Former government adviser believes warnings of extremist attacks were ignored

A former government adviser has hit out at the security agencies and the way they assessed potential extremist threats on British soil in the months and years before the killing of Lee Rigby.

Days after the conviction of Michael Adebolajo and Michael Adebowale for the murder of the Fusilier Lee Rigby, Jahan Mahmood, a former adviser to the Office for Security and Counter-Terrorism (OSCT) in the Home Office, has decided to speak out over warnings of potential extremist attacks on British soldiers in the UK that he believes went unheeded.

Mr Mahmood, a historian and former lecturer at the University of Birmingham, specialising in the martial traditions of Afghan and Pakistani diaspora communities, had contact with the OSCT between 2009 and 2010 on a volunteer basis. He remembered one particular meeting on 27 January 2010 at a mosque in Birmingham, which involved five young Muslim men as well as the director of the OSCT, Charles Farr, and what Mr Mahmood called “another OSCT civil servant”.

Mr Mahmood said: “One of the young men responded by saying he was angered by the death of women and children in Afghanistan and, if given half a chance, he would go abroad to fight British soldiers in Afghanistan. Another member of the group intervened and said: ‘Why do you want to go abroad when you can kill them here?'”

While there is no evidence to suggest that any of the five men were involved in terror activities of any kind, the exchange remained lodged in Mr Mahmood’s memory.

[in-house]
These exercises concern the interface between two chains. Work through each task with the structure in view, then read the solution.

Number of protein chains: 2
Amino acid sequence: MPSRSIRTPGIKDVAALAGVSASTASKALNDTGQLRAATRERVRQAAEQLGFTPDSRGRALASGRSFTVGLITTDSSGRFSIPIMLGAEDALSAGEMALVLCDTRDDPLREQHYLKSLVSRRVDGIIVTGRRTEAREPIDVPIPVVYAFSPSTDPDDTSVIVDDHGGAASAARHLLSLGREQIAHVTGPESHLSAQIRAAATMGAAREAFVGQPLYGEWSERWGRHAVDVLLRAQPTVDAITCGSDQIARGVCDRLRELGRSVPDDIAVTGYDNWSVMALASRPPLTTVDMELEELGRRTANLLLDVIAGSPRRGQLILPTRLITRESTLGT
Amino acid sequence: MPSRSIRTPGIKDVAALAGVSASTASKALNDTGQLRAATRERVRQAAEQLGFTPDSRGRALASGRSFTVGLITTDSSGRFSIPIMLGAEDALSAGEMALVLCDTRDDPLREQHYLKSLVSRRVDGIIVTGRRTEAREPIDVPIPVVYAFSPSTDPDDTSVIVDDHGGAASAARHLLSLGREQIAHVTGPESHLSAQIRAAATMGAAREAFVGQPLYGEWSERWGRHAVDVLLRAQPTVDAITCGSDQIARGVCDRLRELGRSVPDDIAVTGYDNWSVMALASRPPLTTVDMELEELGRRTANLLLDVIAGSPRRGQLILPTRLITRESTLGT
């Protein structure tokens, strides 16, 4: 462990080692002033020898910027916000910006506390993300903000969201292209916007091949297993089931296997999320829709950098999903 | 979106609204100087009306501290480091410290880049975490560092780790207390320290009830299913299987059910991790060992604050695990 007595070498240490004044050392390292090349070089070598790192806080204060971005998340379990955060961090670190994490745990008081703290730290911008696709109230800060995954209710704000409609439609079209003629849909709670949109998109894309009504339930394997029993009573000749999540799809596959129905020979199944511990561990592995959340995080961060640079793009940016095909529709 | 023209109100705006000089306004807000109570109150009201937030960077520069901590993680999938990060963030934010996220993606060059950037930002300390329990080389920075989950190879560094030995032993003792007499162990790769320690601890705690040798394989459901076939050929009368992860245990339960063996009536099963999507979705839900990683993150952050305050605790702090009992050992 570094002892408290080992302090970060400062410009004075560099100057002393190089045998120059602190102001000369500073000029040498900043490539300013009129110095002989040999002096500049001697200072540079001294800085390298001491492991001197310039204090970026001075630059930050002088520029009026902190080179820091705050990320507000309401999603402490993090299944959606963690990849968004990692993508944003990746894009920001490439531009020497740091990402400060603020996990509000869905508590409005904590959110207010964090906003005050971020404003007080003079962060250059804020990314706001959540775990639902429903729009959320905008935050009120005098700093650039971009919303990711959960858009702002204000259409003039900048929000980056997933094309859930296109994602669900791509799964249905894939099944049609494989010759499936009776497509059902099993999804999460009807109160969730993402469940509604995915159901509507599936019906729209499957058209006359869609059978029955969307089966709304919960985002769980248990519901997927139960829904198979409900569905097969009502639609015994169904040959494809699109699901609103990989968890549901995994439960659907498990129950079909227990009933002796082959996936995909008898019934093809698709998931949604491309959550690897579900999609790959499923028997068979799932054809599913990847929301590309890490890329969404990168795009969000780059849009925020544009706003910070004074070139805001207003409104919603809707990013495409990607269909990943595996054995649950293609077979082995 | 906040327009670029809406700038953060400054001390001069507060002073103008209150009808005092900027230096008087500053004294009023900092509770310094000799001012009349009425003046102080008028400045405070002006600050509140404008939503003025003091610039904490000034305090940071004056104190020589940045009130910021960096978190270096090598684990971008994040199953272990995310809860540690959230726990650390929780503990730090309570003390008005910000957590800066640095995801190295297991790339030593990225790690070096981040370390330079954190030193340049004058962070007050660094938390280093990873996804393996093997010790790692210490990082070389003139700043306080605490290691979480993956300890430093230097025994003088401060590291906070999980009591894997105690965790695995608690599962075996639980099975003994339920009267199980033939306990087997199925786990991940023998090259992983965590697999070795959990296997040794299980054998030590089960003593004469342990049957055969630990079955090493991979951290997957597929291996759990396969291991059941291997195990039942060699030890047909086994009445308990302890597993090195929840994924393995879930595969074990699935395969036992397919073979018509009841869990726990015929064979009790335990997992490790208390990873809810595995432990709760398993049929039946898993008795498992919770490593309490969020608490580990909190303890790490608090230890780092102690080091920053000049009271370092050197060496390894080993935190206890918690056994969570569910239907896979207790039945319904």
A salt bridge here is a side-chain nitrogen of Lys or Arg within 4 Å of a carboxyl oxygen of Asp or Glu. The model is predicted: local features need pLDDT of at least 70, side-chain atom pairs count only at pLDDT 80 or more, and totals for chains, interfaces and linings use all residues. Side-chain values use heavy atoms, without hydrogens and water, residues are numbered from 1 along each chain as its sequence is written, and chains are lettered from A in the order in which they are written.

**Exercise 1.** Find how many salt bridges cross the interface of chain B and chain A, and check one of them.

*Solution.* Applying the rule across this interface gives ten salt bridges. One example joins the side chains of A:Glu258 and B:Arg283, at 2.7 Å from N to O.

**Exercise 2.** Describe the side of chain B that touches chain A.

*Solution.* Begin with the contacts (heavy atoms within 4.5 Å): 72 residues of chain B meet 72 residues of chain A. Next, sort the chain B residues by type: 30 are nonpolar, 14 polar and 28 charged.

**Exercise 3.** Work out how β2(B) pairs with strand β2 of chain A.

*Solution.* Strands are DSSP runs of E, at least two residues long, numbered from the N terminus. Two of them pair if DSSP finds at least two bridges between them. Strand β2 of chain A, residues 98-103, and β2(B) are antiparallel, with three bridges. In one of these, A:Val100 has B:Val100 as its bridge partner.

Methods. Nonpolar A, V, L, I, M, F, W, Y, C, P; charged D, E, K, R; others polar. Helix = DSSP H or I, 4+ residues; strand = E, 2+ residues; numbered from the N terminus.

Mr Mahmood’s motivation for setting up the meeting was to explore the link between gang and jihadi culture. He said that some of the men were drug users. He said he set up the meeting after one of the young men, called Sabeel, and expressed concerns about the vulnerability of his peers and particularly the attraction of jihadist materials.

After the Government come into power in 2010, there was a change in the Prevent strategy that began under Labour and was modified in 2011 to tackle radical ideology first and foremost, rather than what Mr Mahmood described as the more important problem of grievances within the Muslim community.


The Independent:

Mosque site hunt over

A new mosque could be built in Cambridge for the city’s growing number of worshippers. The Abu Bakr Jamia Mosque has outgrown its home in Mawson Road, which originally welcomed 200 people to Friday prayers, but last year more than 700 were turning up, with latecomers having to pray in the street. Now the Muslim Academic Trust, in partnership with the Cambridge Muslim Welfare Society, has bought the former Robert Sayle warehouse in Mill Road, which would be demolished to make way for a new mosque. Mohammed Mahmood, a member of the mosque, said it was time a purpose-built facility was developed in the city as groups had been looking for an appropriate site for years. Mr Mahmood said: “There are about 4,000 Muslims in Cambridge now, and they have been using temporary prayer areas, but there has never been a proper mosque. “Cambridge is a growing city, and we wanted to find somewhere in the city centre so the people living around the area could benefit from it. “At the moment, when it rains, people are just getting wet when they come to pray, and we have been looking for a site for a long time now.”